HTML Elements for Quotation and Citation

The HTML elements <blockquote>, <q>, <abbr>,
<address>, <cite>, and <bdo> will all be covered in this
chapter.

<blockquote> for Quotations in HTML

A passage that is quoted from another source is designated by the HTML
<blockquote> element.

<blockquote> elements are typically indented by browsers.

Example:

<!DOCTYPE html>
<html>
<head>
	<meta charset=“utf-8”>
	<meta name=“viewport” content=“width=device-width, initial-scale=1”>
	<title>HTML Elements for Quotation and Citation</title>
</head>
<body>
	<p>Browsers usually indent blockquote elements.</p>
	<blockquote cite=“https://www.blogger.com/”>
		Blogger is an American online content management system founded in 1999 which enables multi-user blogs with time-stamped entries. Pyra Labs developed it before being acquired by Google in 2003. Google hosts the blogs, which can be accessed through a subdomain of blogspot.com.
	</blockquote>
</body>
</html>



HTML <q> for Quick Quotes

A brief quotation is defined by the HTML “q” tag.

Normally, browsers enclose quotation marks around the text.

Example:

<!DOCTYPE html>
<html>
<head>
    <meta charset=“utf-8”>
    <meta name=“viewport” content=“width=device-width, initial-scale=1”>
    <title>HTML Elements for Quotation and Citation</title>
</head>
<body>
    <p>Normally, browsers enclose quotation marks around the text</p>

    <p>Blogger goal is to: <q>Publish your passions your way. Whether you’d like to share your knowledge, experiences or the latest news, create a unique and beautiful blog</q></p>
</body>
</html>



HTML abbreviations <abbr>

The HTML <abbr> tag defines an acronym or abbreviation, such as
“HTML,” “CSS,” “Mr.,” “Dr.,” “ASAP,” or “ATM.”

Search engines, translation services, and browsers can all benefit from
abbreviation marking.

Use the global title attribute to make the abbreviation or acronym’s
description visible when you hover your cursor over the element.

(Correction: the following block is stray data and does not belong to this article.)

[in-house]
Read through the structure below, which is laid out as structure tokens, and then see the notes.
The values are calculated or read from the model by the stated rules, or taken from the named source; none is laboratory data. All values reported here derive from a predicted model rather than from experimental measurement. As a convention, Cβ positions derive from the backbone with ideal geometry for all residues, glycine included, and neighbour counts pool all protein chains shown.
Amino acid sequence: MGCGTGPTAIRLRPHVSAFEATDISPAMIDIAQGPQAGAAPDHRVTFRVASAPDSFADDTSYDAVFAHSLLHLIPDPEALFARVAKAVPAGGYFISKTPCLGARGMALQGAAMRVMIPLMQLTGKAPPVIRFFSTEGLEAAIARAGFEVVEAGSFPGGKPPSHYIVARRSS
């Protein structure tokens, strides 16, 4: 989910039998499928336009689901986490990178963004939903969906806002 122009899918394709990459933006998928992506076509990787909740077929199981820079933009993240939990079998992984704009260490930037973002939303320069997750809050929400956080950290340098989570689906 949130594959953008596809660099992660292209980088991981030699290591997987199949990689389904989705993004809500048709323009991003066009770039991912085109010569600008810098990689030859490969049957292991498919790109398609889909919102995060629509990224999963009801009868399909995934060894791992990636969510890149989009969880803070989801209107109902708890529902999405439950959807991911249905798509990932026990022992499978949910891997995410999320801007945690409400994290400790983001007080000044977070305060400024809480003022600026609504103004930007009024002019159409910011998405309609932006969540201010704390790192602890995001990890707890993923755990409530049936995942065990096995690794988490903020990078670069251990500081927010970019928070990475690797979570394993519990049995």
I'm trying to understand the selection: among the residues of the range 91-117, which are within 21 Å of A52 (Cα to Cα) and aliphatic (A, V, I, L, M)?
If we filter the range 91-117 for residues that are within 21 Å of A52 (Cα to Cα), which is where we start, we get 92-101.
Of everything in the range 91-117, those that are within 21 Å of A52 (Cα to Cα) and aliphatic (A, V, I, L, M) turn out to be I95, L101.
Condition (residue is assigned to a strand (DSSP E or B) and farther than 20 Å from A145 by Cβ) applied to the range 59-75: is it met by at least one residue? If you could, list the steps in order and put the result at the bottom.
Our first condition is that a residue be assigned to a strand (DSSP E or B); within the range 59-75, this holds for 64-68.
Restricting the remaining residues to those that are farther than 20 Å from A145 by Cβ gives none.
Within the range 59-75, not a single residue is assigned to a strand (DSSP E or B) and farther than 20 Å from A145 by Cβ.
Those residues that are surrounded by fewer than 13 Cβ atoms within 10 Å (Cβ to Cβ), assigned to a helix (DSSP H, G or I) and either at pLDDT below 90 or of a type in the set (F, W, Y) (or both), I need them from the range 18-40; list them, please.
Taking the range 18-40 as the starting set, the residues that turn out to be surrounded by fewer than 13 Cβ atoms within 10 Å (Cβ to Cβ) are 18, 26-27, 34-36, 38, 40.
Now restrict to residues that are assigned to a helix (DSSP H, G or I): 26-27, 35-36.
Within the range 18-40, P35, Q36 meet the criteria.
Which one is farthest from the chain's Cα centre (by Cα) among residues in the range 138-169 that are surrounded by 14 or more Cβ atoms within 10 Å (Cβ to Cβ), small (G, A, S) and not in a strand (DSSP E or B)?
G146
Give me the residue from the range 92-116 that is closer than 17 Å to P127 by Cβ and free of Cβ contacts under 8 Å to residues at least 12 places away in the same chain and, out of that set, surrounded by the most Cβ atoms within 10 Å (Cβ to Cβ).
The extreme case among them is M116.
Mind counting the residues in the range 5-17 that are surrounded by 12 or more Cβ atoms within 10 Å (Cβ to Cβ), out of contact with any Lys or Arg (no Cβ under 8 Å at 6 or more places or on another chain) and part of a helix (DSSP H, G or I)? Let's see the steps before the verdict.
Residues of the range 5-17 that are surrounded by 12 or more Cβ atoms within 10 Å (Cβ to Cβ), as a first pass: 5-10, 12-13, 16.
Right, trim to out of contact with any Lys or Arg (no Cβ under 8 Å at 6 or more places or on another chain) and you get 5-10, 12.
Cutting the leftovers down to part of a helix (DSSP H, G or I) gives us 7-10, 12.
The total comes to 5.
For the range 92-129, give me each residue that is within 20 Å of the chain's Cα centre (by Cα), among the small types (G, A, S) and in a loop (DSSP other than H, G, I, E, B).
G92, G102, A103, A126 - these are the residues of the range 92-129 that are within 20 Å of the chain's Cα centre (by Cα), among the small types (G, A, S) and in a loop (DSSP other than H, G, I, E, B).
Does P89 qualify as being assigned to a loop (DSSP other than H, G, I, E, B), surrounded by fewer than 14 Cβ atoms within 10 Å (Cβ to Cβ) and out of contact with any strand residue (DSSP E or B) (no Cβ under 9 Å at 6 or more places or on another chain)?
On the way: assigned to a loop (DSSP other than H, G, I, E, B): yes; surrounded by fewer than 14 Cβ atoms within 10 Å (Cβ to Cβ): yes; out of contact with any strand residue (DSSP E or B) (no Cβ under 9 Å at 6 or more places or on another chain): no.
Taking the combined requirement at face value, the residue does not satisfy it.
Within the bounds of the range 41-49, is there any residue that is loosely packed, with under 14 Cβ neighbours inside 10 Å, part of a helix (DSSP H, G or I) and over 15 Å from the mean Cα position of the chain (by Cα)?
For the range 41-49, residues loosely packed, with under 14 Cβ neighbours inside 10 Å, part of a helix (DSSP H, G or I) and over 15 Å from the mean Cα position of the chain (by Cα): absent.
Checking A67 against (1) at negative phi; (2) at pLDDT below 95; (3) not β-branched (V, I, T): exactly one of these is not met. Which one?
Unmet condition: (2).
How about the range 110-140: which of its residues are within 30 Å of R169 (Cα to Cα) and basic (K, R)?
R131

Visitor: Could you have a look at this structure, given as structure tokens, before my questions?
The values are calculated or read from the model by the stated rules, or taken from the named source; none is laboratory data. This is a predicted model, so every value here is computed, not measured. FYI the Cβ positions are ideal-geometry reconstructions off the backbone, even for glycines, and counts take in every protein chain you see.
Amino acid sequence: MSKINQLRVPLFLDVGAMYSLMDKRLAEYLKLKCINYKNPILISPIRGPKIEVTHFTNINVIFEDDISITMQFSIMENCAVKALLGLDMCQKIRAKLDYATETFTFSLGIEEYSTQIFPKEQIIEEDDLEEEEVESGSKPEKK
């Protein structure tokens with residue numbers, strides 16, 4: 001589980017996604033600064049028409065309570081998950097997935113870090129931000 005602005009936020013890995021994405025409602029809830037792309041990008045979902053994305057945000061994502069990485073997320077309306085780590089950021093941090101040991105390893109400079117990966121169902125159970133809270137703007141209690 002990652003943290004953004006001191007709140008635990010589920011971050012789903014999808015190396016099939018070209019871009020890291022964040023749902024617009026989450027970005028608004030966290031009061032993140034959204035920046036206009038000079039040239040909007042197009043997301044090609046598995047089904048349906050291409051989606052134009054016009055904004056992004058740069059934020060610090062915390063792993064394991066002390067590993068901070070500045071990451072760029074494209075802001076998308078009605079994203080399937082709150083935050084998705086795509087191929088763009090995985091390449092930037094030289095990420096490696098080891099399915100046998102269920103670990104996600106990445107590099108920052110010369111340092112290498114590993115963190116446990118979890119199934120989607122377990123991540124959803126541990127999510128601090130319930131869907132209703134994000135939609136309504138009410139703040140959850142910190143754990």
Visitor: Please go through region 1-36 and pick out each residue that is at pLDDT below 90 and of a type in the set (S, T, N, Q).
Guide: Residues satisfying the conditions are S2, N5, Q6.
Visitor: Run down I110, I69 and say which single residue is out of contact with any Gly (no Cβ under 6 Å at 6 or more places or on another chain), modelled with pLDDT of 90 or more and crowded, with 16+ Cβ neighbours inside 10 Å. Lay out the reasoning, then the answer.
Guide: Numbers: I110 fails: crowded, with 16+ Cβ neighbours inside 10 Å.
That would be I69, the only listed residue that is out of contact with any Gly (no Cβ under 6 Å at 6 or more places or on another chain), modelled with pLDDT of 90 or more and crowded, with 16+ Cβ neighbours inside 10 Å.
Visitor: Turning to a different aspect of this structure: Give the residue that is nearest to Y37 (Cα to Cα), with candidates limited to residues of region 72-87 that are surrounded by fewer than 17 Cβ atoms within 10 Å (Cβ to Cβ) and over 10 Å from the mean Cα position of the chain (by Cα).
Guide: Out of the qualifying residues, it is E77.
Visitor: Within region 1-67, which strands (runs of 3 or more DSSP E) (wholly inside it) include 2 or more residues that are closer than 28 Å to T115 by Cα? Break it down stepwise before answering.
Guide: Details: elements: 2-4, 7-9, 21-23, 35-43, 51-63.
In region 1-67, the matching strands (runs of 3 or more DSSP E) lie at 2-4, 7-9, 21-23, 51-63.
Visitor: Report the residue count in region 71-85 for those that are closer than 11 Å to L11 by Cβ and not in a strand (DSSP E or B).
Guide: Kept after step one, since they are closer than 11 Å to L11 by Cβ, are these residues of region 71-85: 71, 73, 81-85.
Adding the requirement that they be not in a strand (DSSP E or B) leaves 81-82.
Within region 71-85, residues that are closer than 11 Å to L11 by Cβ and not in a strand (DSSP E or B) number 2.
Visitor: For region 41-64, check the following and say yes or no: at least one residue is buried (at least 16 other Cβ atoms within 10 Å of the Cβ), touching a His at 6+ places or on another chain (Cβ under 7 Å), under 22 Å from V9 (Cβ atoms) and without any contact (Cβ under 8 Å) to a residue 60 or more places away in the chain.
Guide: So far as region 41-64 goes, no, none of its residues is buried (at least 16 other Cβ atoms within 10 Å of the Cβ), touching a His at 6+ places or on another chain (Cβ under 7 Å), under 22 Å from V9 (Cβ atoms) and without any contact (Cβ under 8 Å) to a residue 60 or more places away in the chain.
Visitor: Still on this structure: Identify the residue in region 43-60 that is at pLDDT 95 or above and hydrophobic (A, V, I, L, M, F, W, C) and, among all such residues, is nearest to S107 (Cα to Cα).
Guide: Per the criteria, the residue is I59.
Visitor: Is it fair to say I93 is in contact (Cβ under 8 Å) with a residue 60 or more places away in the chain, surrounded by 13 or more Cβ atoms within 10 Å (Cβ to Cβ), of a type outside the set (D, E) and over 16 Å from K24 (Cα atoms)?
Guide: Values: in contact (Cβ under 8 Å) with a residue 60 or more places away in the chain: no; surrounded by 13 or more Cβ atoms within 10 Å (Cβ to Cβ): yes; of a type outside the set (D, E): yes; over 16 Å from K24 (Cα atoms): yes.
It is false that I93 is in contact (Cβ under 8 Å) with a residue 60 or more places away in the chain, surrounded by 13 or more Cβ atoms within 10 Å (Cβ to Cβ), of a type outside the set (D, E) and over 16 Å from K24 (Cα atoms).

Example:

<!DOCTYPE html>
<html>
<head>
    <meta charset=“utf-8”>
    <meta name=“viewport” content=“width=device-width, initial-scale=1”>
    <title>HTML Elements for Quotation and Citation</title>
</head>
<body>
    <p>The <abbr title=“Blogger”>Blogger</abbr> was founded in 1999.</p>

    <p>Marking up abbreviations can provide browsers, translation services, and search engines with vital information.</p>
</body>
</html>



HTML <address> for Contact Information

The contact information for the creator/owner of a page or article is
specified in the HTML <address> tag.

Contact information can include a phone number, email address, website,
physical address, and social media handles, among other things.

Italic text often appears in the <address> element, and browsers
always insert a line break before and after the <address>
element.

Example:

<!DOCTYPE html>
<html>
<head>
    <meta charset=“utf-8”>
    <meta name=“viewport” content=“width=device-width, initial-scale=1”>
    <title>HTML Elements for Quotation and Citation</title>
</head>
<body>
    <p>Contact information (author/owner) for a document or article is defined using the HTML address element.</p>

    <address>
    Written by John Doe.<br> 
    Visit us at:<br>
    examples.com<br>
    Box 4545, Disneyland<br>
    USA
    </address>
</body>
</html>




HTML <cite> for Work Title

The title of a creative work is specified via the HTML <cite> tag
(e.g. a book, a poem, a song, a movie, a painting, a sculpture, etc.).
The title of a work is not always the name of the author.
Italic text normally appears where the citation element is present.


Example:

<!DOCTYPE html>
<html>
<head>
    <meta charset=“utf-8”>
    <meta name=“viewport” content=“width=device-width, initial-scale=1”>
    <title>HTML Elements for Quotation and Citation</title>
</head>
<body>
    <p>The title of a work is specified using the HTML city element.</p>
    <p>Browsers usually display cite elements in italic.</p>
    
    <img src=“scream.jpg” width=“220” height=“277” alt=“The Scream”>
    <p><cite>The Scream</cite> by Edvard Munch. Painted in 1893.</p>
</address>
</body>
</html>

HTML <bdo> for Bi-Directional Override

Bi-Directional Override is referred to as BDO.
The current text direction can be overridden using the HTML <bdo>
tag:


Exaple:

<!DOCTYPE html>
<html>
<head>
    <meta charset=“utf-8”>
    <meta name=“viewport” content=“width=device-width, initial-scale=1”>
    <title>HTML Elements for Quotation and Citation</title>
</head>
<body>

    <p>The following line will be written from right to left (rtl) if your browser allows bi-directional override (bdo):</p>
    <bdo dir=“rtl”>From right to left, write this line.</bdo>
	
</address>
</body>
</html>

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